Two thirds of children living in poverty in London are in working households, with parents in low-paid work. The Institute for Fiscal Studies recently found that low-paid workers, young people and women are likely to be the hardest hit by the shutdown of businesses affected by coronavirus, including restaurants, hotels, pubs, retailers and transport services.[1] These sectors are highly concentrated in London, which to date has also seen the most cases of coronavirus of any region in the UK. With this in mind, we urge the Minister to ask the Chancellor to pledge additional emergency support for families with children, which will particularly benefit those affected in London. We have six key asks:

  1. Ensure that local authorities have the resources they need and the systems in place to provide local welfare assistance during the pandemic

With the loss of jobs and incomes in London, as well as the unexpected costs of school closures, many families with children are now in severe financial hardship and need emergency financial support to pay utility bills and buy food, particularly when alternative forms of support such as council tax relief or free school meal vouchers are not available. Provision of local welfare assistance in London varies greatly and there are currently five out of 33 local authorities with no local welfare assistance schemes at all.[1] Should the £500 million Hardship Fund not provide enough funding for local authorities to deliver local welfare assistance, additional funds should be made available specifically for this purpose. This would ensure that hard-hit families, wherever they live in London, are able to meet their children’s most immediate needs during the crisis.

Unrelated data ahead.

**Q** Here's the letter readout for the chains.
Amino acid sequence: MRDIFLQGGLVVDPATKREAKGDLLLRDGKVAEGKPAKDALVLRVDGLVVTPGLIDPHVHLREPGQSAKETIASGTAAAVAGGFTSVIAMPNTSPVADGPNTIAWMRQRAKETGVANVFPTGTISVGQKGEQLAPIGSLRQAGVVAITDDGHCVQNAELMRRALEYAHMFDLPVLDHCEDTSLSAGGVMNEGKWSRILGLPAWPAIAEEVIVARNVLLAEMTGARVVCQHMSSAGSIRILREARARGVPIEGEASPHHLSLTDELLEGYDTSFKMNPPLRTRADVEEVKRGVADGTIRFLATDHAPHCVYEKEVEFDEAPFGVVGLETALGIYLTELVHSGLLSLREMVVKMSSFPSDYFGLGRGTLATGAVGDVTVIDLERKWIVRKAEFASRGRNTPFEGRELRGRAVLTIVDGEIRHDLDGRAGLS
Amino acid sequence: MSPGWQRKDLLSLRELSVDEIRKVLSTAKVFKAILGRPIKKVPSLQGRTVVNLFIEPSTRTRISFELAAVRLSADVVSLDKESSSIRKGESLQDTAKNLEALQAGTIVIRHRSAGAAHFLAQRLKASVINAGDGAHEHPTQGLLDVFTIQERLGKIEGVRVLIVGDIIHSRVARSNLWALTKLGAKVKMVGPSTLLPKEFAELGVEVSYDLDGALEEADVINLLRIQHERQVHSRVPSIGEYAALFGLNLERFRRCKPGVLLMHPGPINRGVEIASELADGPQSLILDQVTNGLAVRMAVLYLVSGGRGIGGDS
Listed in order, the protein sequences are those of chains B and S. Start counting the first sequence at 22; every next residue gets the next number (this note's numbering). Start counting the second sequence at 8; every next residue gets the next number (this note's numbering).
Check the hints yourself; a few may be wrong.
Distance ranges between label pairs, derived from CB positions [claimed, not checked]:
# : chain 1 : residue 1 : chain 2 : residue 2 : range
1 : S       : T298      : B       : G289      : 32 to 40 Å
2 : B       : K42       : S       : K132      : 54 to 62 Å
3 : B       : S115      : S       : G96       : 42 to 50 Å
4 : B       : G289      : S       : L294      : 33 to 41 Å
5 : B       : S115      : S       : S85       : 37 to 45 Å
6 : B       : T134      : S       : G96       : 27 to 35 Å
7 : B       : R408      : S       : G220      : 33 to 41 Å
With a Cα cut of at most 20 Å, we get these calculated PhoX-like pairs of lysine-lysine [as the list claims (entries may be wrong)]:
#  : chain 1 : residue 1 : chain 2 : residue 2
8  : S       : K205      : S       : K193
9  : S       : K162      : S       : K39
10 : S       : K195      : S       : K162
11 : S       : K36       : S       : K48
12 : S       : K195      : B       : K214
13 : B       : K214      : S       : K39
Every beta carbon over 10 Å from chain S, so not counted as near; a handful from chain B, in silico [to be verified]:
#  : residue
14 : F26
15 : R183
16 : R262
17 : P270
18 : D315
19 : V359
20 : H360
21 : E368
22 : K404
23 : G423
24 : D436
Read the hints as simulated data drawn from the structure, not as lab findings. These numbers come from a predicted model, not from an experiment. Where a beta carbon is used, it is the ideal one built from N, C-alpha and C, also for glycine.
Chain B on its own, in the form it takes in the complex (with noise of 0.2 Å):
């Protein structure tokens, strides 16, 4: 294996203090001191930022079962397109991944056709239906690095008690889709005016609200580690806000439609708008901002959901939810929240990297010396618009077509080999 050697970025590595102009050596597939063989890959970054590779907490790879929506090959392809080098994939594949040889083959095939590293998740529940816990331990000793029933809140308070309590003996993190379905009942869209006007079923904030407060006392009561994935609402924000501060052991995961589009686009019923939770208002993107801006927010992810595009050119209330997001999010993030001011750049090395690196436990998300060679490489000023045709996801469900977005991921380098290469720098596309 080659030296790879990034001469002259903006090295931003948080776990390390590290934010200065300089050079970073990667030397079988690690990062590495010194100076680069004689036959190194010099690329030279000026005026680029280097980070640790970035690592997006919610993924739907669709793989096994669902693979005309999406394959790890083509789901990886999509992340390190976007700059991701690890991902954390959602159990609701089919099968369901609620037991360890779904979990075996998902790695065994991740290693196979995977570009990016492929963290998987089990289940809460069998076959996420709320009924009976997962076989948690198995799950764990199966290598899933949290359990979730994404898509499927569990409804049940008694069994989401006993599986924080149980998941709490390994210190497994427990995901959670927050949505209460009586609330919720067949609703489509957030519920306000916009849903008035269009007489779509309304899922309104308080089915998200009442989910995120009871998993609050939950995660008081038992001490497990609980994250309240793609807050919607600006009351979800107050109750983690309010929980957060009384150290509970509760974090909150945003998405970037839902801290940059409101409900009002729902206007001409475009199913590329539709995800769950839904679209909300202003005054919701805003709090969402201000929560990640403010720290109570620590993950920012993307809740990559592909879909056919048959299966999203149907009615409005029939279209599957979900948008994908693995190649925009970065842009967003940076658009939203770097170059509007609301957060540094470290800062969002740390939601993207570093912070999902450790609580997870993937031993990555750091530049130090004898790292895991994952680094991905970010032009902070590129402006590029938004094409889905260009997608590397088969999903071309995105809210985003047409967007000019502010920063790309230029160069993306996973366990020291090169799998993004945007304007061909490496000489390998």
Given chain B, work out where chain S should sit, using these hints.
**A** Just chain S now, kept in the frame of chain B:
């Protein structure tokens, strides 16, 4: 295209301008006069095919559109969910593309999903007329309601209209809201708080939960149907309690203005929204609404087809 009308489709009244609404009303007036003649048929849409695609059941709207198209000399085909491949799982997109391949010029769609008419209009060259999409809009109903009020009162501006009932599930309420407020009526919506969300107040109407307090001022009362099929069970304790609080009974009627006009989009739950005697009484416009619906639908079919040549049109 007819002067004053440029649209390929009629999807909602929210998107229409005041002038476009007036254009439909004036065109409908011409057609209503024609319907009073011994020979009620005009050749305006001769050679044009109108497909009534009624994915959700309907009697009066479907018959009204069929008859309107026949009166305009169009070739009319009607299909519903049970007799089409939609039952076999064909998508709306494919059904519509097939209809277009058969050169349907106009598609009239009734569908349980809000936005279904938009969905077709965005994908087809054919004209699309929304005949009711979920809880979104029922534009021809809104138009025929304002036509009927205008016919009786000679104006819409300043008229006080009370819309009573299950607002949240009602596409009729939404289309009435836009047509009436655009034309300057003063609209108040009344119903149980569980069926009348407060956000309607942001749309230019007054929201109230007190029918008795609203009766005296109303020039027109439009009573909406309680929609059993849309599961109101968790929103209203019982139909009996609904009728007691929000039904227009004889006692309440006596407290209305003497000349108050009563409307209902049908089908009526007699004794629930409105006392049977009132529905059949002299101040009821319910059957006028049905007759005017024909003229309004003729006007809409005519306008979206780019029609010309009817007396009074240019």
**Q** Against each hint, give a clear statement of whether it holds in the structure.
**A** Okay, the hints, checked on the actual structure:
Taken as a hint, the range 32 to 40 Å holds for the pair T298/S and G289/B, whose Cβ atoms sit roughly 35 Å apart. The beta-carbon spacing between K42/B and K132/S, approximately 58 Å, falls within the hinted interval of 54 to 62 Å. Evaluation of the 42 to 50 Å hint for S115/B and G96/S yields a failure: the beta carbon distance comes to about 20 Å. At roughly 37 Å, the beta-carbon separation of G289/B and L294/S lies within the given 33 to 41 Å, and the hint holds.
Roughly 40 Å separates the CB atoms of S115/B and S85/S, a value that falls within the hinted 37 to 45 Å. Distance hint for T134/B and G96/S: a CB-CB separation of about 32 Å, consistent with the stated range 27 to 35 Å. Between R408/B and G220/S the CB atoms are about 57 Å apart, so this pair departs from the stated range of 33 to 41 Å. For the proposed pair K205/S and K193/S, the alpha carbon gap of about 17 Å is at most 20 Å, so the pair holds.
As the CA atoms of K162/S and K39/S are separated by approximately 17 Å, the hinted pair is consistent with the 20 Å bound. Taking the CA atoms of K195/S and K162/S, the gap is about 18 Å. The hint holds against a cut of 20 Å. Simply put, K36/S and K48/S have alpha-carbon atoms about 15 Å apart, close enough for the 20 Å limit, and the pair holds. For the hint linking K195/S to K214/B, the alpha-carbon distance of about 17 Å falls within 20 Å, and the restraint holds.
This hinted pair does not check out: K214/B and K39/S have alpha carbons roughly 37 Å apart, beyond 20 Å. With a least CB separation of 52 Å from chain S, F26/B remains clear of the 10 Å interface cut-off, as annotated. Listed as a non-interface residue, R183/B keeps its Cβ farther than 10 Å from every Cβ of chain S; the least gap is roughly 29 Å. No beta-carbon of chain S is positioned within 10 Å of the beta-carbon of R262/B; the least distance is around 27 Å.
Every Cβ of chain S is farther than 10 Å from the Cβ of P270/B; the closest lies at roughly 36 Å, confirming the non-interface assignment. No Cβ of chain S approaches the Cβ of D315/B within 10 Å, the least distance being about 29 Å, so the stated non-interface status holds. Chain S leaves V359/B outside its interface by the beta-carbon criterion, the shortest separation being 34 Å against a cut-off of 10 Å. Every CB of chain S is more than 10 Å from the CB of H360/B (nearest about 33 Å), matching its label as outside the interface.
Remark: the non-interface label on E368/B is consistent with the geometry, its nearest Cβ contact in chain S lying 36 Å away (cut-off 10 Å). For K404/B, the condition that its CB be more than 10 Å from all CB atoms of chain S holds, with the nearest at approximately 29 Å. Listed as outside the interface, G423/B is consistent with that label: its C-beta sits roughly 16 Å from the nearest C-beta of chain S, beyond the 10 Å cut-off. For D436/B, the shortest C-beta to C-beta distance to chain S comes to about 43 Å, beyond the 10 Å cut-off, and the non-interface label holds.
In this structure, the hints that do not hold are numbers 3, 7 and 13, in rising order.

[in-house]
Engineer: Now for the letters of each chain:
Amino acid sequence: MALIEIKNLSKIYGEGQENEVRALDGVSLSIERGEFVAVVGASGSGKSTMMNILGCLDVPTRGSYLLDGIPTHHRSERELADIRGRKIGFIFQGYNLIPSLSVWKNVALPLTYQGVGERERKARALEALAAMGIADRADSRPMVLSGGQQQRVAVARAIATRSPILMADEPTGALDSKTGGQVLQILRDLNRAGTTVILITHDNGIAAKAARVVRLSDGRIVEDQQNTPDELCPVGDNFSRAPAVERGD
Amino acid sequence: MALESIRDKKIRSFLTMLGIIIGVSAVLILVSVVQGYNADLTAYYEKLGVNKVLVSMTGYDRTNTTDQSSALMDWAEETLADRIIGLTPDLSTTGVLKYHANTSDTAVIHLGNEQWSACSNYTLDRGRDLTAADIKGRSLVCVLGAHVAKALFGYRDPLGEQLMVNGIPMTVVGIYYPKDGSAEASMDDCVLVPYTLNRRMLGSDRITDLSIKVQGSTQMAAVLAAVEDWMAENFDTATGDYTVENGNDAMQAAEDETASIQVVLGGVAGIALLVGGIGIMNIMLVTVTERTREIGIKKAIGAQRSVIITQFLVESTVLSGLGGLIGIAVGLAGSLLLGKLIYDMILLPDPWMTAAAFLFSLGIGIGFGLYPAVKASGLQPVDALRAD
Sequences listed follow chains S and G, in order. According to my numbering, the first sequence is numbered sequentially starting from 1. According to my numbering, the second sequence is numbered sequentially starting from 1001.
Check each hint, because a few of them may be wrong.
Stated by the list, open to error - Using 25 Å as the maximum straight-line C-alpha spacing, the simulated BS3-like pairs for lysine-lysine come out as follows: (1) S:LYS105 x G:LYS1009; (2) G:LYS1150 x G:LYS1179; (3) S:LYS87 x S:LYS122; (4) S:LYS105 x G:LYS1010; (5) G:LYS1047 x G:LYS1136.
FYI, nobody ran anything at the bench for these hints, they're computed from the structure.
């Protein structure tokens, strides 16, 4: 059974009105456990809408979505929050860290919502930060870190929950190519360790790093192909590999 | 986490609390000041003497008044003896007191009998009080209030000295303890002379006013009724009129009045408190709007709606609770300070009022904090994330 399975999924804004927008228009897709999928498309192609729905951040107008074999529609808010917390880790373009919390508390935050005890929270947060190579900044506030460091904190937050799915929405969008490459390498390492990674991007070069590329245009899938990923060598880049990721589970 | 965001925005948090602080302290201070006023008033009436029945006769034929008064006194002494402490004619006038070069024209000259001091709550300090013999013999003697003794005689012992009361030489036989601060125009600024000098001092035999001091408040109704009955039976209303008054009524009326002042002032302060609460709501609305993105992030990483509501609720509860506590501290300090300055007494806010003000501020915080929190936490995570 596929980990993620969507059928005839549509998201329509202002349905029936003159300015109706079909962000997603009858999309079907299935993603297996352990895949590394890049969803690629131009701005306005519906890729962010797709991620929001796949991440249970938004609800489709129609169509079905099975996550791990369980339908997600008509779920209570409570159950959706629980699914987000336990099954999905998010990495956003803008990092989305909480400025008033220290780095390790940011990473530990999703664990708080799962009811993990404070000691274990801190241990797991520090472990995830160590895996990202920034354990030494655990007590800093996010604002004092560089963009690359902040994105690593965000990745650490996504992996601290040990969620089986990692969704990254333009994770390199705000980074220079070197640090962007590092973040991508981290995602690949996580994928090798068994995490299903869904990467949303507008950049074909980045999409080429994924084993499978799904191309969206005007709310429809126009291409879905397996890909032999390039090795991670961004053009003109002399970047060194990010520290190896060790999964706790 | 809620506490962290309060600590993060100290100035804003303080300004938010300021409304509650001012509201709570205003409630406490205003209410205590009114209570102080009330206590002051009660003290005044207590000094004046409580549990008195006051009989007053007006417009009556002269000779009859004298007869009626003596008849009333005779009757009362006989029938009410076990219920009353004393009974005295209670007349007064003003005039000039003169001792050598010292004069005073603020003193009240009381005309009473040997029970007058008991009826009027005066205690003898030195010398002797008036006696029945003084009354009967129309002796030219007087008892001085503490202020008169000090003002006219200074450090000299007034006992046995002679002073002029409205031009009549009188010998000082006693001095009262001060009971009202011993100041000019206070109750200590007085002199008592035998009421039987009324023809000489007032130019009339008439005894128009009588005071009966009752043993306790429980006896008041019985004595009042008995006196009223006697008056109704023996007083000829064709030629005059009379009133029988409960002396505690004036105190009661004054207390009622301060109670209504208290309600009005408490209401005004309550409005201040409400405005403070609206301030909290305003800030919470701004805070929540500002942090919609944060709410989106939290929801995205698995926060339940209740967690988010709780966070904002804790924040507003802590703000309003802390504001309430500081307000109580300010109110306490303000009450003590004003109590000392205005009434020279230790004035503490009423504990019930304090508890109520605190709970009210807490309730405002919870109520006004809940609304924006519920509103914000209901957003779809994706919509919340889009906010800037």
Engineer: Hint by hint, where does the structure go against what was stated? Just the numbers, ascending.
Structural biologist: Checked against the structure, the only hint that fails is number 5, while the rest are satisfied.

1. Uplift child benefit payments by £10 per child per week for the duration of the pandemic

Child benefit reaches around one million families in London, most of whom will be affected by the Covid-19 pandemic and many of whom will not be receiving means-tested benefits. A £10 uplift in child benefit per child per week for the duration of the pandemic would help all families with their immediate needs and give them the flexibility to pay for essentials, with the money going straight into families’ bank accounts. An increase in child benefit of £10 per child per week would also reduce child poverty by about five percentage points and household poverty by one to two percentage points.[2]

  1. Make Universal Credit advances non-repayable grants